Wednesday, March 18, 2009

Nanotechnology may offer alternative to radiation for cancer patients

Last Updated: Wednesday, March 18, 2009 | 5:35 PM ET

Nanotechnology, the science of the really small, is already applied in hundreds of consumer products to enhance colour and durability of paints or make socks less smelly, but it's real promise may lie in medicine.

Scientists can use nanoparticles created in a laboratory that are tens of thousands of times smaller than the width of a strand of hair to deliver drugs deep into the body, penetrating membranes in ways no pill has been able to do.

A nanoparticle can be attached to antibodies or chemicals that recognize tumour cells and can target and kill cancer cells but spare surrounding tissue.

Jie Chen, a nanotechnology engineer at the University of Alberta, is using nanotechnology to develop new cancer treatments that could one day replace radiation and chemotherapy. He is doing experiments with injected nanoparticles that contain a bamboo compound that is sensitive to ultrasound.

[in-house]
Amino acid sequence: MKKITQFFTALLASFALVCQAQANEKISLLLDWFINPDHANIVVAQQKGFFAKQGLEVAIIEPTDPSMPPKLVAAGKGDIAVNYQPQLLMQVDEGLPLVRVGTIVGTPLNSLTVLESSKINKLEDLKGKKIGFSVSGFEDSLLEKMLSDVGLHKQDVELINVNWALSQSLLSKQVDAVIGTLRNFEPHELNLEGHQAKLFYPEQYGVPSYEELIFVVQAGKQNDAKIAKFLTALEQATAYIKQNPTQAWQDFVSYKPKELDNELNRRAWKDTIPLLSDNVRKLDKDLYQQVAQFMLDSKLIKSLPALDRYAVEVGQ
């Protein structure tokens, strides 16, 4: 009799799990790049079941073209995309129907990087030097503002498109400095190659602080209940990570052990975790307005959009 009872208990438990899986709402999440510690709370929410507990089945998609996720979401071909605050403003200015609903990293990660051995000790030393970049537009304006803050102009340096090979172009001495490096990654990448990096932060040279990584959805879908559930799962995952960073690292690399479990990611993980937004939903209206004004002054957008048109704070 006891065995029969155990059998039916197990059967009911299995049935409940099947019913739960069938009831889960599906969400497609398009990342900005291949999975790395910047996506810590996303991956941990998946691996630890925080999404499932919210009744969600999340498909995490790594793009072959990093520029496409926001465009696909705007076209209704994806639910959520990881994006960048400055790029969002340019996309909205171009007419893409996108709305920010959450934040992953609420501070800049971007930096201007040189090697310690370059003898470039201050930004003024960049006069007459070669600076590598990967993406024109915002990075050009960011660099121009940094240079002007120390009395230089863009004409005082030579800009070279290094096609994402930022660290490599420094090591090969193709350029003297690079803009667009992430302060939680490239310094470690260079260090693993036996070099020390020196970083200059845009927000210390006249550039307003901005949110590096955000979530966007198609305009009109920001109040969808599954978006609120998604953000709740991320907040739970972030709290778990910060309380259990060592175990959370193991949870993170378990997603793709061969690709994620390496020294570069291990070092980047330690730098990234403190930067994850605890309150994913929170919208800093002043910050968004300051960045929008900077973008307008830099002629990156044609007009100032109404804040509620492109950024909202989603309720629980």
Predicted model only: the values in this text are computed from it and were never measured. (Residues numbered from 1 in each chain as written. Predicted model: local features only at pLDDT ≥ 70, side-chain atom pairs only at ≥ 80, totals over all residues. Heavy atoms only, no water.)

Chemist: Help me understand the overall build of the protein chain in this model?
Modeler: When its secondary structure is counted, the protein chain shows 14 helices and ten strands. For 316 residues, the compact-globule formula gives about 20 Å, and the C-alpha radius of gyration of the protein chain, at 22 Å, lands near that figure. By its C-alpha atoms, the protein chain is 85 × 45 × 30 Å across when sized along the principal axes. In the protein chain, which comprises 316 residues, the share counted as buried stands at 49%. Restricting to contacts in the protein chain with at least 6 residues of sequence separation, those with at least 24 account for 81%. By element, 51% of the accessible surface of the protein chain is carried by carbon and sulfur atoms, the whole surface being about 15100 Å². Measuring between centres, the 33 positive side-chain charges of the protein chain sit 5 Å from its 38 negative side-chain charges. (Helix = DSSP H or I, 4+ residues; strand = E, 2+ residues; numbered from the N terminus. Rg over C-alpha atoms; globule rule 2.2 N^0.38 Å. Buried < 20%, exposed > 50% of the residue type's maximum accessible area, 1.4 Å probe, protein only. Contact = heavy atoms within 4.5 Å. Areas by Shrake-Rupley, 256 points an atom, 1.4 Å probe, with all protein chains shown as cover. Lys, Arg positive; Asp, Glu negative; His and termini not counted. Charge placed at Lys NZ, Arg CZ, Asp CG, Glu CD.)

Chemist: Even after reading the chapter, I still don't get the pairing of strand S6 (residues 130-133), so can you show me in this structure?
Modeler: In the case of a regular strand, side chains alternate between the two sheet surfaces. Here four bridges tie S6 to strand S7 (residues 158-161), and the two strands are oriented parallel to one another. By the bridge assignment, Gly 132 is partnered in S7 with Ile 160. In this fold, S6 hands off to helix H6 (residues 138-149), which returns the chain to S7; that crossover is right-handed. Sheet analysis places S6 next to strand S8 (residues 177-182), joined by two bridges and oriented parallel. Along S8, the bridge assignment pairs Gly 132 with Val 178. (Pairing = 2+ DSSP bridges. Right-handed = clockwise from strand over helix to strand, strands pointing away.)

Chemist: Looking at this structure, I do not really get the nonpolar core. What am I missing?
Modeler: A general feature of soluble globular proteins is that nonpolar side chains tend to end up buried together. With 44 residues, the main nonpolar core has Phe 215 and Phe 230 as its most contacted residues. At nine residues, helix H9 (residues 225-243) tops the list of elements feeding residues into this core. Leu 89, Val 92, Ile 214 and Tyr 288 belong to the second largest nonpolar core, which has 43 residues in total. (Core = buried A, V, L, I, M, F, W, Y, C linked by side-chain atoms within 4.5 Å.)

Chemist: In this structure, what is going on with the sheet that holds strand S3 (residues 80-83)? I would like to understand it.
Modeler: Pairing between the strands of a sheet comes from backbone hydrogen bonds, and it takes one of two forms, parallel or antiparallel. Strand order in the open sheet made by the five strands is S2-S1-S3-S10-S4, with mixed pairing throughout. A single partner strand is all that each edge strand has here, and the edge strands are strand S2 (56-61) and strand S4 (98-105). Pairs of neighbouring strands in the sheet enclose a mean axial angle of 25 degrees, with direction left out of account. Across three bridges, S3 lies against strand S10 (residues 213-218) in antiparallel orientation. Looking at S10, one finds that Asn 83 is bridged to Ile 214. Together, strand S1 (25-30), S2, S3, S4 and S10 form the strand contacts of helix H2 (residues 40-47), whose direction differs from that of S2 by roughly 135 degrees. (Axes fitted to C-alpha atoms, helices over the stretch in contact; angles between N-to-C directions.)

"So when the ultrasound is used and treated or targetted towards these compounds, then you will activate and generate something which can destroy the cancer so it's much safer compared to conventional radiation."

Dr. Nils Petersen, director general of the National Institute for Nanotechnology in Edmonton said nanotech promises better, faster and cheaper ways of diagnosing and treating disease, developing drugs — even regrowing teeth.


The researchers in Edmonton are starting to organize a human trial of the ultrasound cancer treatment, saying they are eager to put nanotechnology to work in medicine.